My first Light Read about Nurikabe notations was written during the early days of this blog. I have a lot of potential topics jotted down for future Light Reads that I hope to get across soon. Yes. I still dot the oceans and shade in islands when solving Nurikabe.
Irodoku was an attempt to introduce colours into Sudoku.
This is not the first time someone tried being creative and announce their “Colour Sudoku!!”
This is basically an Arrow Sudoku gone crazy. You have several number banks (red, yellow and blue) and adding any two sums would result in one of three totals (purple, green and orange).
This was the 7th puzzle competitors had to solve in Colour Restore.
The idea is mine as far as I know, but the name isn’t. I was involved in an interview with the chairman of the Thailand Memory Association who said, when he knew I play puzzles; that he was thinking about publishing a Sudoku book. He would replace the 9 numbers with 9 colours and provide 9 coloured-pencils with each purchase.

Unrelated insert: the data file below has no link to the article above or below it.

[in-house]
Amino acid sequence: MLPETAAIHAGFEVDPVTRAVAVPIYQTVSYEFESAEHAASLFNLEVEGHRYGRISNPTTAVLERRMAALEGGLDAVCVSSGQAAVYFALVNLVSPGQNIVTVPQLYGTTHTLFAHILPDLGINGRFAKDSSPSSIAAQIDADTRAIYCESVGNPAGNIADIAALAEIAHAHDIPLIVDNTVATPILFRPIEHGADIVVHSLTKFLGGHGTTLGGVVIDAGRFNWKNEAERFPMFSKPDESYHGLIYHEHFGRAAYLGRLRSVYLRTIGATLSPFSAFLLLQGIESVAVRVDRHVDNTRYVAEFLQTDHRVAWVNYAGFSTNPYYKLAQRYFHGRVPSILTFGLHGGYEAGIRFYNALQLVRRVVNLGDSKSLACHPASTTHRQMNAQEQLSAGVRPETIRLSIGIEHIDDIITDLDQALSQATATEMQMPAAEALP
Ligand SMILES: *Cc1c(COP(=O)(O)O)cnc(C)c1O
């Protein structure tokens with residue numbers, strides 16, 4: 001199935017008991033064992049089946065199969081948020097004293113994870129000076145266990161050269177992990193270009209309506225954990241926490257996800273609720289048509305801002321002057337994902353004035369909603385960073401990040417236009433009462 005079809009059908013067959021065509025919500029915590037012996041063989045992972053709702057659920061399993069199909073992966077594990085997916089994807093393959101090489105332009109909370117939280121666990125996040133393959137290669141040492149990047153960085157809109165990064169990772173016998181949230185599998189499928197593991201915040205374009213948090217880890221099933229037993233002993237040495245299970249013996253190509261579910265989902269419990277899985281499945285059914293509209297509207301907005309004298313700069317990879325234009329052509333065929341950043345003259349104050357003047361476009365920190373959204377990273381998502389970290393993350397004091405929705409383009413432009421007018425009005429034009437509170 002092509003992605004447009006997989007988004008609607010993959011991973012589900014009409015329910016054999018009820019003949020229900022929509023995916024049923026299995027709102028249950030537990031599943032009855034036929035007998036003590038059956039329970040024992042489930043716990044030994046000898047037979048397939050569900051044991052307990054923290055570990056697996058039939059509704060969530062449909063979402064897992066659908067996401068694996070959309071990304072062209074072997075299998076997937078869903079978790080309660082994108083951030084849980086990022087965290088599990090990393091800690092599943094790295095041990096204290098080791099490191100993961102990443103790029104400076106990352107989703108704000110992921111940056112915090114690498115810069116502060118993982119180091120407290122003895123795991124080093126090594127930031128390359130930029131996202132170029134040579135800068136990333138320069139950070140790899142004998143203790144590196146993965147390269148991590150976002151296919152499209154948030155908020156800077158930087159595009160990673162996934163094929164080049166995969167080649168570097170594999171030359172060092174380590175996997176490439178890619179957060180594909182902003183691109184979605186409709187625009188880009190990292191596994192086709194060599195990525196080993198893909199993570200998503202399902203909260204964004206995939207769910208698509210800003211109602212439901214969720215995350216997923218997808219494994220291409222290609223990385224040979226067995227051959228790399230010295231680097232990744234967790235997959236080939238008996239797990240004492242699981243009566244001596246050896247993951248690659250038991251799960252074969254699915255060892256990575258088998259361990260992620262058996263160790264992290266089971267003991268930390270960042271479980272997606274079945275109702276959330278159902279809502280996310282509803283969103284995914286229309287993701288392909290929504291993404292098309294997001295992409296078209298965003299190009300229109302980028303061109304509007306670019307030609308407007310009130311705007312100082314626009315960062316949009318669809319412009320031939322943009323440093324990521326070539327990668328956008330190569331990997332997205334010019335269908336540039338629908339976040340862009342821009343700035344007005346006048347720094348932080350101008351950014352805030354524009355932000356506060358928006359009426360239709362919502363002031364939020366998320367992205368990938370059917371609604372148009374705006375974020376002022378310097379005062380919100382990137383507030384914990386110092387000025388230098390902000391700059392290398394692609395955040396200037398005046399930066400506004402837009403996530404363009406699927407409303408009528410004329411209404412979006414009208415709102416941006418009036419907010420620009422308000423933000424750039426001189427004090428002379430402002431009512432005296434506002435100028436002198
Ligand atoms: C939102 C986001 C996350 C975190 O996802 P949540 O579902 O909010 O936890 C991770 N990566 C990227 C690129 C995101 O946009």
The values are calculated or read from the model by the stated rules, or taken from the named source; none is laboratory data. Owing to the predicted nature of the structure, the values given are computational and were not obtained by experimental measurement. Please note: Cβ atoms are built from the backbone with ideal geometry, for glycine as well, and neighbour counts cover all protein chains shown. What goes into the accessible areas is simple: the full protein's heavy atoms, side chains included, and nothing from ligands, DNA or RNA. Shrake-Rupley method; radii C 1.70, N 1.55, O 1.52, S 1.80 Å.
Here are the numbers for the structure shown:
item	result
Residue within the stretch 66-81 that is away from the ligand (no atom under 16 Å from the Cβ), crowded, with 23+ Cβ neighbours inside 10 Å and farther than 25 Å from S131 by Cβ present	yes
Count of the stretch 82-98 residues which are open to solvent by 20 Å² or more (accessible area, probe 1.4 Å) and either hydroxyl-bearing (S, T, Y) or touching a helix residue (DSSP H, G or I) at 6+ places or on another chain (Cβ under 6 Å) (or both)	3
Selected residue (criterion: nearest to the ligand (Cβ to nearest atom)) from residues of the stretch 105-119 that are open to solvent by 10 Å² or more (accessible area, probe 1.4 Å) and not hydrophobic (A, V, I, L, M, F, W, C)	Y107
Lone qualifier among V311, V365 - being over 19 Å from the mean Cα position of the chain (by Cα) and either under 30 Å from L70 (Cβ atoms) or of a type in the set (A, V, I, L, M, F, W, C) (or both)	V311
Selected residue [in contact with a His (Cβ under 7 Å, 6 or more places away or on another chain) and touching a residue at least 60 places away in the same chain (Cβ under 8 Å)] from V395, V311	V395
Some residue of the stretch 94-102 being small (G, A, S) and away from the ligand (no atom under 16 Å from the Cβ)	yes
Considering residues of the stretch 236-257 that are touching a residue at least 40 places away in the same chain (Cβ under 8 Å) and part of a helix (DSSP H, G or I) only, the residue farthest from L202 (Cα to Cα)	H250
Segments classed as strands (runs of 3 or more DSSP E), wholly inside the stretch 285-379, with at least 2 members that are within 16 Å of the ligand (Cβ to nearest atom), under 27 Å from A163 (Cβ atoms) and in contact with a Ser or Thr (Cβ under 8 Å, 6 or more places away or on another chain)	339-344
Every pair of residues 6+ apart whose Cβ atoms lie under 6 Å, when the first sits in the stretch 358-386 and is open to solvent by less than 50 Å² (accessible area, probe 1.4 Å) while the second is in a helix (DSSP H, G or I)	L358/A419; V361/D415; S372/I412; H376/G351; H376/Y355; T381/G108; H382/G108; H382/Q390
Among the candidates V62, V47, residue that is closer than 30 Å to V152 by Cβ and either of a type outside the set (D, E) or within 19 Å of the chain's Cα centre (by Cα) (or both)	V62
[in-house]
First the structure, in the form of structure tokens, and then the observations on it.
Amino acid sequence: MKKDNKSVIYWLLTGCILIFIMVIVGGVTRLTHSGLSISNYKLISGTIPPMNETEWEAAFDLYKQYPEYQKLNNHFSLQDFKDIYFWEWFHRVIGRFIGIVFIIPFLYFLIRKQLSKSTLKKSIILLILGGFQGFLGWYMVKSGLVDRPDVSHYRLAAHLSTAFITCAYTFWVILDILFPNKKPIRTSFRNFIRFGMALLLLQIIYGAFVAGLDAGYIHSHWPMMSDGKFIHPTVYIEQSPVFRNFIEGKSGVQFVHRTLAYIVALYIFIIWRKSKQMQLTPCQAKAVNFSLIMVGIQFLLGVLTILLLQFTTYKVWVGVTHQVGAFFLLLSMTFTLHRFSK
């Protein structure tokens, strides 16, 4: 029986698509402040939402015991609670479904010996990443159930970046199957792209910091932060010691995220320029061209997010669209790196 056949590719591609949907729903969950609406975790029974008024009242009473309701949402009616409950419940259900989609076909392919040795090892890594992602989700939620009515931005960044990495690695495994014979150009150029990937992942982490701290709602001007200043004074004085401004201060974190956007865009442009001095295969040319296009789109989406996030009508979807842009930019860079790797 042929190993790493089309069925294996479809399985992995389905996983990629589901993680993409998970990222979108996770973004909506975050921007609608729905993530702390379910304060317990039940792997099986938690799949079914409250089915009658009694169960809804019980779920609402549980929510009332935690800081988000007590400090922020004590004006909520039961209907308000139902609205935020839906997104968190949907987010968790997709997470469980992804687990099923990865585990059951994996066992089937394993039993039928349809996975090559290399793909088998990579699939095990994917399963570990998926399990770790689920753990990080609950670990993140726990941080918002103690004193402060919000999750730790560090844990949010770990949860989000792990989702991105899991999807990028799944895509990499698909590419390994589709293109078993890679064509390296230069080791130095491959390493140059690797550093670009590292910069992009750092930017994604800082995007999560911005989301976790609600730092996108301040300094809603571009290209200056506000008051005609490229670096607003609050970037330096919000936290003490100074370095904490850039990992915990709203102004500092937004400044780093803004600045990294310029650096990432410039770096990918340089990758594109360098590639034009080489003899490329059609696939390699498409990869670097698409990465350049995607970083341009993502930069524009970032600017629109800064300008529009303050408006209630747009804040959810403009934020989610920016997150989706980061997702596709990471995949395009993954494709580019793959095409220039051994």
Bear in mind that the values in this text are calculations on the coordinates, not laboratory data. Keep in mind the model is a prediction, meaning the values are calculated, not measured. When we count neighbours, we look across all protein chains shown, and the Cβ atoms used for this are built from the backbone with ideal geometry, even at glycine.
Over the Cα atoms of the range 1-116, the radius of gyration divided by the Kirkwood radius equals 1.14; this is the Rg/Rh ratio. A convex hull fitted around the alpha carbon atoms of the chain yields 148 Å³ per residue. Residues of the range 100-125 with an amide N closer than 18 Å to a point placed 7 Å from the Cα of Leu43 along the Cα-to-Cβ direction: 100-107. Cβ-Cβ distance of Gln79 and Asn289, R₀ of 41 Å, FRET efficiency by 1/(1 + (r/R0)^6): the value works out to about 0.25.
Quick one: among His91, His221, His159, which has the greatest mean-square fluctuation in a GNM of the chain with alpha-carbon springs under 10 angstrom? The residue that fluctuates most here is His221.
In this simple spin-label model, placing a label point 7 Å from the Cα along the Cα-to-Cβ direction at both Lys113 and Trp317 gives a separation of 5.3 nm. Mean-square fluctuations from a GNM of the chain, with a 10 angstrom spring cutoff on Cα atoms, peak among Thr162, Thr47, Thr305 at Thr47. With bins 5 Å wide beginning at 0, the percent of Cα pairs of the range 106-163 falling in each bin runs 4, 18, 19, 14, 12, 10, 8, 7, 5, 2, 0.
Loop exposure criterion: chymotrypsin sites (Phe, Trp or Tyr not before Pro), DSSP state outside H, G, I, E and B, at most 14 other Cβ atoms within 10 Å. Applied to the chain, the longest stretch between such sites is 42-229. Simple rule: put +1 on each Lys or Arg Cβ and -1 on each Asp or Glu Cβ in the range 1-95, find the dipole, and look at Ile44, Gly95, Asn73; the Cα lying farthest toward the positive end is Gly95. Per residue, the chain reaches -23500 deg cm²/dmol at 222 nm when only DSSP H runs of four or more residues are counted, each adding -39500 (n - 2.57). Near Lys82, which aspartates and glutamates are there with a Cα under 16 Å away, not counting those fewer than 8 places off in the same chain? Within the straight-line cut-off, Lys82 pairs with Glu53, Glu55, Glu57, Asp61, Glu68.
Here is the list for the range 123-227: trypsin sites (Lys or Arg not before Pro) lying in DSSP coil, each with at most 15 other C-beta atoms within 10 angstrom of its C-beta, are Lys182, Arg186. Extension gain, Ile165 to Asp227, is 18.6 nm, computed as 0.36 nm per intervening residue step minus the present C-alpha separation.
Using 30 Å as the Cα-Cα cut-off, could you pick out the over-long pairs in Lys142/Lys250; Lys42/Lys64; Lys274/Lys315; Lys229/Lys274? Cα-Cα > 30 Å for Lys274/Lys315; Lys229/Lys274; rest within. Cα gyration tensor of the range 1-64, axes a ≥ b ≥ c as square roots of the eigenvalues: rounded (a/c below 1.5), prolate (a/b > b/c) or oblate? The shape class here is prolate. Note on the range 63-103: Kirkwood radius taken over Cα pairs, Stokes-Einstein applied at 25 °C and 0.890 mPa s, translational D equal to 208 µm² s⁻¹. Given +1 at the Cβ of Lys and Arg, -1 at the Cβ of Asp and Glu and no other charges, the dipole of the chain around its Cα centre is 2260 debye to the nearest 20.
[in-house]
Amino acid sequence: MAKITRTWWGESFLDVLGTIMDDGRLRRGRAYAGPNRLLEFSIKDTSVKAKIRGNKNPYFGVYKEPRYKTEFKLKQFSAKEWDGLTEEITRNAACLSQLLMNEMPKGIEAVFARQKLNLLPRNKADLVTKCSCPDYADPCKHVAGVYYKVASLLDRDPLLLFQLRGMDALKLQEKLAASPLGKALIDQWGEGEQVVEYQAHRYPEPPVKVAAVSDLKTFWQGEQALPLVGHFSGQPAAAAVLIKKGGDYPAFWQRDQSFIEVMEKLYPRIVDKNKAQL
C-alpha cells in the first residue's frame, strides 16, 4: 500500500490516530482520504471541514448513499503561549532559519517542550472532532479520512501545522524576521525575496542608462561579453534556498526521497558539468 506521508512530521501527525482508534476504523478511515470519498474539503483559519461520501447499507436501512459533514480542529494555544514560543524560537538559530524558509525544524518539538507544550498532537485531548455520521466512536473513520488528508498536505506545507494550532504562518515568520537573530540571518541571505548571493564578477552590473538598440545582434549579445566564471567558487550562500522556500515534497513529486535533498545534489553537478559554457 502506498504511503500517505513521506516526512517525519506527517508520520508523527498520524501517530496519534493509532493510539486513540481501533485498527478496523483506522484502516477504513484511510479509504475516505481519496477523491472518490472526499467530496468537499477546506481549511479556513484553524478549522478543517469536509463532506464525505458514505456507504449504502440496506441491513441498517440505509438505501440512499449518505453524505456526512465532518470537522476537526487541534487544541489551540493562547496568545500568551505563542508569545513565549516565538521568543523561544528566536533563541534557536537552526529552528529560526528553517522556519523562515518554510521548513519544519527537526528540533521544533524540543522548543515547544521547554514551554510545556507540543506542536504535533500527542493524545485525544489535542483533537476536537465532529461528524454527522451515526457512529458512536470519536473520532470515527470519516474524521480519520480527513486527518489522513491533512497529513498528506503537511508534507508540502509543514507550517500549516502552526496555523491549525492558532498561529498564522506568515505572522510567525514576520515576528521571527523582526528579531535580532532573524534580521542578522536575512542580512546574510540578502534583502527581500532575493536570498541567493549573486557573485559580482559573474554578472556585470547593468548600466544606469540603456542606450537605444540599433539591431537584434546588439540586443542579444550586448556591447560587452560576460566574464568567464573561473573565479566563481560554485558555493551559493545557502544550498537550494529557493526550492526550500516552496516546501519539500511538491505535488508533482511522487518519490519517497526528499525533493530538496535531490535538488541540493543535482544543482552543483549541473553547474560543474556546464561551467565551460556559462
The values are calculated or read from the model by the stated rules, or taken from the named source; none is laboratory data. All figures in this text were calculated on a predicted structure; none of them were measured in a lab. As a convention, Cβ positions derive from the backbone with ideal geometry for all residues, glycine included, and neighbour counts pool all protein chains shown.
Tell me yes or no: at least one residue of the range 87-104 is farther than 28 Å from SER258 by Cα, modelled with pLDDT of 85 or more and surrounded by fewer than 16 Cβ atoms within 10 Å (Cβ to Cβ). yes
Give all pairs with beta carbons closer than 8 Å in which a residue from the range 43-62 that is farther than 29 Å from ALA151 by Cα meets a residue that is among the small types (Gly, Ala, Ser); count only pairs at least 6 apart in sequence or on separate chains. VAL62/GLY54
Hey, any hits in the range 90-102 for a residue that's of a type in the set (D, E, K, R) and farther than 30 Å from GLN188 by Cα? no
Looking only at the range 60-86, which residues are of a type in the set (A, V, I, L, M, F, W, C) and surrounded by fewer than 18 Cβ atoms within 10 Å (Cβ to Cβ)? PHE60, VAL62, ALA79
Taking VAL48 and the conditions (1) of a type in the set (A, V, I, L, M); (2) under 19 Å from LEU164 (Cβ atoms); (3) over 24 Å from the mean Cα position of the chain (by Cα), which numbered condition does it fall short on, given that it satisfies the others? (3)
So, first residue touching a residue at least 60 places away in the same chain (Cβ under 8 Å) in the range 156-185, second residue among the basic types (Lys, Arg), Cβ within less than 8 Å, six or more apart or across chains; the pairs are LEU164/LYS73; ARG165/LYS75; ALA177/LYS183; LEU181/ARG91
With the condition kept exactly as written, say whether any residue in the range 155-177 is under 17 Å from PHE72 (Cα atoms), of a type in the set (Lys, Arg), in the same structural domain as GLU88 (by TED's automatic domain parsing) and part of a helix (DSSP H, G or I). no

“Wow, what another impractical idea”, was my instant first thought. Replacing Sudoku numbers with anything* is just inconvenient. It may look creative and interesting, but really, its not.
Nikoli’s Big Book of Visual Sudoku
The Big Book of Visual Sudoku illustrates the insanity of this already, come on Nikoli you can do much better than this. The glitch is that replacing numbers with letters, symbols or Dora the Explorer immediately chucks any hope of notation out the window.
Did you see the naked pair with Dora and Boots?
I’ve seen one book use real life pictures of 9 different babies, imagine how would one even fill out the answers? Books like this are malignant tumours of puzzles. They are simply wasting trees and bookshelf space.
Back to the interview, the chairman said he would name his book, “Irodoku”. Iro being Japanese for ‘colour’. Well, not only I was evil enough to pretend to be interested, I even stole his puzzle’s name. Thank you. Up to this day, I haven’t seen Irodoku hitting the shelves yet.
Imagine having to solve this on paper
By the way, here’s the answer to Irodoku which can be obtained by maximizing and minimizing a couple of colour banks.
*By anything, I mean anything that doesn’t interfere with the rules of classic Sudoku. I’m not talking about Digital Sudoku or Dice Pip Sudoku where numbers are replaced with fragments of a given clue. That alters the rule of classic Sudoku, and I like those.